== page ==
The Arkansas Racing Commission will issue the two remaining licenses to applicants who pay an application fee of up to $250,000, demonstrate experience in conducting casino gaming and submit letters of support from the county judge or quorum court and the mayor if within the city limits. The amendment requires the commission to accept applications no later than June 1, 2019.
The Downstream Development Authority of the Quapaw Tribe in Quapaw, Okla., contributed $3.65 million to gambling proponent Driving Arkansas Forward and has expressed interest in applying for the casino license in Jefferson County. The Cherokee Nation Businesses in Catoosa, Okla., gave $2.28 million and is expected to apply for the license in Pope County. Both tribes run gaming facilities in Oklahoma.
While a 2005 law previously allowed for slot machines and electronic games, like video poker, the approved initiative allows table games, including poker, blackjack, roulette and craps, as well as sports betting.
While proponents say the state will benefit from increased jobs and tax revenue, opponents argue gambling is a vice that will hurt citizens, especially the poor and undereducated.
Issue 4 received 468,599 (54.09 percent) votes in favor compared to 397,658 (45.91 percent) opposed. The measure calls for the Arkansas Racing Commission to issue casino gaming licenses to Oaklawn Jockey Club for a casino at or adjacent to the company’s horse track and gaming facility near Hot Springs in Garland County, Southland Racing Corporation for a facility at the organization’s greyhound track and gaming facility near West Memphis in Crittenden County, one to an applicant in Pope County for a facility within two miles of Russellville, and one to an applicant in Jefferson County for a casino within two miles of Pine Bluff.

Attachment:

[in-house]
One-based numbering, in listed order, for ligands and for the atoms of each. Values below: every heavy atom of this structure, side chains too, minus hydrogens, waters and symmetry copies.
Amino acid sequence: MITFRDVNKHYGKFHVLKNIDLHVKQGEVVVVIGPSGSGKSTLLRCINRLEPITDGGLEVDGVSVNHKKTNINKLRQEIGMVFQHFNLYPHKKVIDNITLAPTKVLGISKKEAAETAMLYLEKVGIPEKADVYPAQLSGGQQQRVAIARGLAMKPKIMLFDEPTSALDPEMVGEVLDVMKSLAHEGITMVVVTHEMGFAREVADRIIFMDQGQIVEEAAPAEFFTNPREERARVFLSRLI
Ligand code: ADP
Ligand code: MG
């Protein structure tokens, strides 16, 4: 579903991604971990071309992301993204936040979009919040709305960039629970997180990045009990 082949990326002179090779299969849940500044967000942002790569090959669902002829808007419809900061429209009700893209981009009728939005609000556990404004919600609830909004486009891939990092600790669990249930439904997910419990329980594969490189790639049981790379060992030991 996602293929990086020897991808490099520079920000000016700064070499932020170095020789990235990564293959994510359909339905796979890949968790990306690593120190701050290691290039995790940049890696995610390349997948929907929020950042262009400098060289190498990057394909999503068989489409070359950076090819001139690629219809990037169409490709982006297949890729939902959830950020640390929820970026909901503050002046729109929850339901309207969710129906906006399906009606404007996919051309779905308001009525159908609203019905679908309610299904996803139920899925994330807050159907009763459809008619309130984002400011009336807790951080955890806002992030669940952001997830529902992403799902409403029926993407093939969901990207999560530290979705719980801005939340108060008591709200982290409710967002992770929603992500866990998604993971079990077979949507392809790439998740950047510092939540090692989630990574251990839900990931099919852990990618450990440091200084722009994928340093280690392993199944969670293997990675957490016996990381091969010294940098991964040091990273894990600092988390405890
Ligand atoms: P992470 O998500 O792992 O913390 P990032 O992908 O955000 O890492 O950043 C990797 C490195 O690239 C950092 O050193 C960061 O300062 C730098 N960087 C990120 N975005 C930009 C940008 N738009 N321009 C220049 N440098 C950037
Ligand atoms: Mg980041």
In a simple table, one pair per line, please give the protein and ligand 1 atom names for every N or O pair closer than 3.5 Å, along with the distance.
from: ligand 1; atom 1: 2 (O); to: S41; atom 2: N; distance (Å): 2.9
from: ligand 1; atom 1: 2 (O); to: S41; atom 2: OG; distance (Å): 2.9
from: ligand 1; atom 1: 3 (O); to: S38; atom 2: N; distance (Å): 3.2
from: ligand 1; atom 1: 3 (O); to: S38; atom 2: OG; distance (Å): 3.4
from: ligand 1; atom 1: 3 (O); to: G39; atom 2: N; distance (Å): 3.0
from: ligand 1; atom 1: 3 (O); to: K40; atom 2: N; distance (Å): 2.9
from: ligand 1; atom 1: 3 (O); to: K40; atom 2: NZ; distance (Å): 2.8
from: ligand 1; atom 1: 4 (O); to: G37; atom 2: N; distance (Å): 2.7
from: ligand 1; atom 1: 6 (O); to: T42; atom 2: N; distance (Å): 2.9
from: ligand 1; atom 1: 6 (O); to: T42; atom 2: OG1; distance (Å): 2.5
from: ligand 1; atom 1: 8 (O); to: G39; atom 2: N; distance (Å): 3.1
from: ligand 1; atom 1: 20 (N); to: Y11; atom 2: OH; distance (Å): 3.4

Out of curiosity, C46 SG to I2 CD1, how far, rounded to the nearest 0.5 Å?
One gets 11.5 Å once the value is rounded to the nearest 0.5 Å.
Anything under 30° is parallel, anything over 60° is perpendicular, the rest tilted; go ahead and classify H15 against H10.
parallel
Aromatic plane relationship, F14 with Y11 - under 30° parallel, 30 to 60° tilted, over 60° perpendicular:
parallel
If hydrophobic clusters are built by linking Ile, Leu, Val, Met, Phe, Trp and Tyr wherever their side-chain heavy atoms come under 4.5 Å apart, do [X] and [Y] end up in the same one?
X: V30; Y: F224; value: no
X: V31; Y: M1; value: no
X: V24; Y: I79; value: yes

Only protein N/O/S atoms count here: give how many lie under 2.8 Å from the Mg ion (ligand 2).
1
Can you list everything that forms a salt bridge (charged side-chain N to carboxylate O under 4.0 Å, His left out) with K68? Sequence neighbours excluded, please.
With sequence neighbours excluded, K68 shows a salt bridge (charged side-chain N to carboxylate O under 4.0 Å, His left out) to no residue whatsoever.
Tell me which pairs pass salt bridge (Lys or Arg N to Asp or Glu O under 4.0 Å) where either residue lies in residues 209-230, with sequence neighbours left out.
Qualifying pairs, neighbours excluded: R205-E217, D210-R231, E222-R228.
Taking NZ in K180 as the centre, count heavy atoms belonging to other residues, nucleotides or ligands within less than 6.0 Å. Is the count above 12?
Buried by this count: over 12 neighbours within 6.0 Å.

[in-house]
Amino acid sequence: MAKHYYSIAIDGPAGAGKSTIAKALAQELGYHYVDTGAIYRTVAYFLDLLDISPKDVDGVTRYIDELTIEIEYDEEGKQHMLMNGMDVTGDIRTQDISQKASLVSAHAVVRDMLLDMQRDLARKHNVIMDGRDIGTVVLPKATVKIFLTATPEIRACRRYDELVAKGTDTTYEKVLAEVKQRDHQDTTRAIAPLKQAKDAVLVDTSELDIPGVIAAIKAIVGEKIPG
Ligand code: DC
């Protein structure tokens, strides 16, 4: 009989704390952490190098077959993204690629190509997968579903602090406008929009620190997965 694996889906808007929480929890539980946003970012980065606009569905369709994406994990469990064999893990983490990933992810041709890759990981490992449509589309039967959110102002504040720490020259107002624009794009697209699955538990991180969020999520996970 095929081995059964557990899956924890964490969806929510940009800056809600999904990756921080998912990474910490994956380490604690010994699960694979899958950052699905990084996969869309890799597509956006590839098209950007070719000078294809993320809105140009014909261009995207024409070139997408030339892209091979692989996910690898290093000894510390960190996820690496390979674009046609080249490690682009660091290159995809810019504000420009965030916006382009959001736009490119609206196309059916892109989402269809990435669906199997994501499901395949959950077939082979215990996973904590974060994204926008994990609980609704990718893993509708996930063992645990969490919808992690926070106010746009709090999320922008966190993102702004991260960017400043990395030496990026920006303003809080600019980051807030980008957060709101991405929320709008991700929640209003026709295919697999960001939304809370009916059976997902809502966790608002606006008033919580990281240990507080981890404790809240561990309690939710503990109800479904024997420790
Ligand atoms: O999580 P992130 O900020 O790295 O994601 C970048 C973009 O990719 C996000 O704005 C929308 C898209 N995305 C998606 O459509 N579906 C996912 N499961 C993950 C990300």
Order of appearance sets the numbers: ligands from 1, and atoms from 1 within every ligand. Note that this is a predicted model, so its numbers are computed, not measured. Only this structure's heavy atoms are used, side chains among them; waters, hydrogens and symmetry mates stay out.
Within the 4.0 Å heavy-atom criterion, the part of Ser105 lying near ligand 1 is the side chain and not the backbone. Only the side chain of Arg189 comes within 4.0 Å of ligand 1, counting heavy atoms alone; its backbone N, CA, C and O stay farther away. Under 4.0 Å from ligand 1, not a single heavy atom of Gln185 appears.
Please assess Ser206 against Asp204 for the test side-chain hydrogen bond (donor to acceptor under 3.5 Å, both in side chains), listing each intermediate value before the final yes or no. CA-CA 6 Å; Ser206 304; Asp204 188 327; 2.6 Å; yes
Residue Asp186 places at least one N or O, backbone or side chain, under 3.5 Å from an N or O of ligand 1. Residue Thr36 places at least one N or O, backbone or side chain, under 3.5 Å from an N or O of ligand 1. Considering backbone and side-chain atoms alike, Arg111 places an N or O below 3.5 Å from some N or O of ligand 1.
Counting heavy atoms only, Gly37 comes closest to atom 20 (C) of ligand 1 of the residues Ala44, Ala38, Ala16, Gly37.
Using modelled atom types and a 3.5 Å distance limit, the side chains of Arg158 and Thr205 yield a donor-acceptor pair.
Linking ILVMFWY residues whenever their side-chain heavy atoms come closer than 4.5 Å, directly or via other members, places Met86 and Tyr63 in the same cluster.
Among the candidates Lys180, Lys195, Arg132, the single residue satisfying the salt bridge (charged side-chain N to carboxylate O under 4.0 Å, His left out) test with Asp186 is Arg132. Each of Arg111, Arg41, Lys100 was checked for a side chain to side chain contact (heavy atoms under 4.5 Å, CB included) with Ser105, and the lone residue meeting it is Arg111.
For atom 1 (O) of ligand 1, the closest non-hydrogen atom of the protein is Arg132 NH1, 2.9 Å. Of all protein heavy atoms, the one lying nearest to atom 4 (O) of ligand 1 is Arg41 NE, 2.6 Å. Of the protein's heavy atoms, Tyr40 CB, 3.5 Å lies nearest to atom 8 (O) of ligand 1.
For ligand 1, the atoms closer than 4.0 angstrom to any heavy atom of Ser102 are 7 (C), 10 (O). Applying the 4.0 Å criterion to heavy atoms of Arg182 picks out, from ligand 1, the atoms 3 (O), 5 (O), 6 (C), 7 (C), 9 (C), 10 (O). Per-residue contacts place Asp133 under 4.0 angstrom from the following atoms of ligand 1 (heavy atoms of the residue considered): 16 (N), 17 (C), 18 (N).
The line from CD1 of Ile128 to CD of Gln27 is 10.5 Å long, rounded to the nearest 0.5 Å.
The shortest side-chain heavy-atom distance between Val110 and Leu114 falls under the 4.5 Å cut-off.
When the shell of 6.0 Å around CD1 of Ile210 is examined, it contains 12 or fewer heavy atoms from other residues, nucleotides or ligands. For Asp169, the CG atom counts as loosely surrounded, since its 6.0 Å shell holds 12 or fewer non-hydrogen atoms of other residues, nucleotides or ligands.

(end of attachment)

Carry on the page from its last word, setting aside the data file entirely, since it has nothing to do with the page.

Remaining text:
The amendment stipulates the casinos will pay a net gaming receipts tax on money earned after gambling winnings have been paid. Each will pay 13 percent on revenue up to $150 million and 20 percent on earnings of more than $150 million.
Fifty-five percent of the taxes collected would go to the state general revenue fund, where the governor and legislature would decide how it is spent. The host city or town in which the casino is located would receive 19.5 percent. The Arkansas Racing Commission would get 17.5 percent to increase total purse money for races at Oaklawn and Southland. The host county would receive 8 percent of the tax revenue; however, if the casino is located outside of city limits, the county would receive the share allotted to the host city, for a total of 27.5 percent.
Additionally, Oaklawn and Southland are required to contribute 14 percent of casino winnings to their racing purses to improve racing entries and 1 percent to the Arkansas Racing Commission Purse and Awards Fund to promote and encourage breeding activities in Arkansas.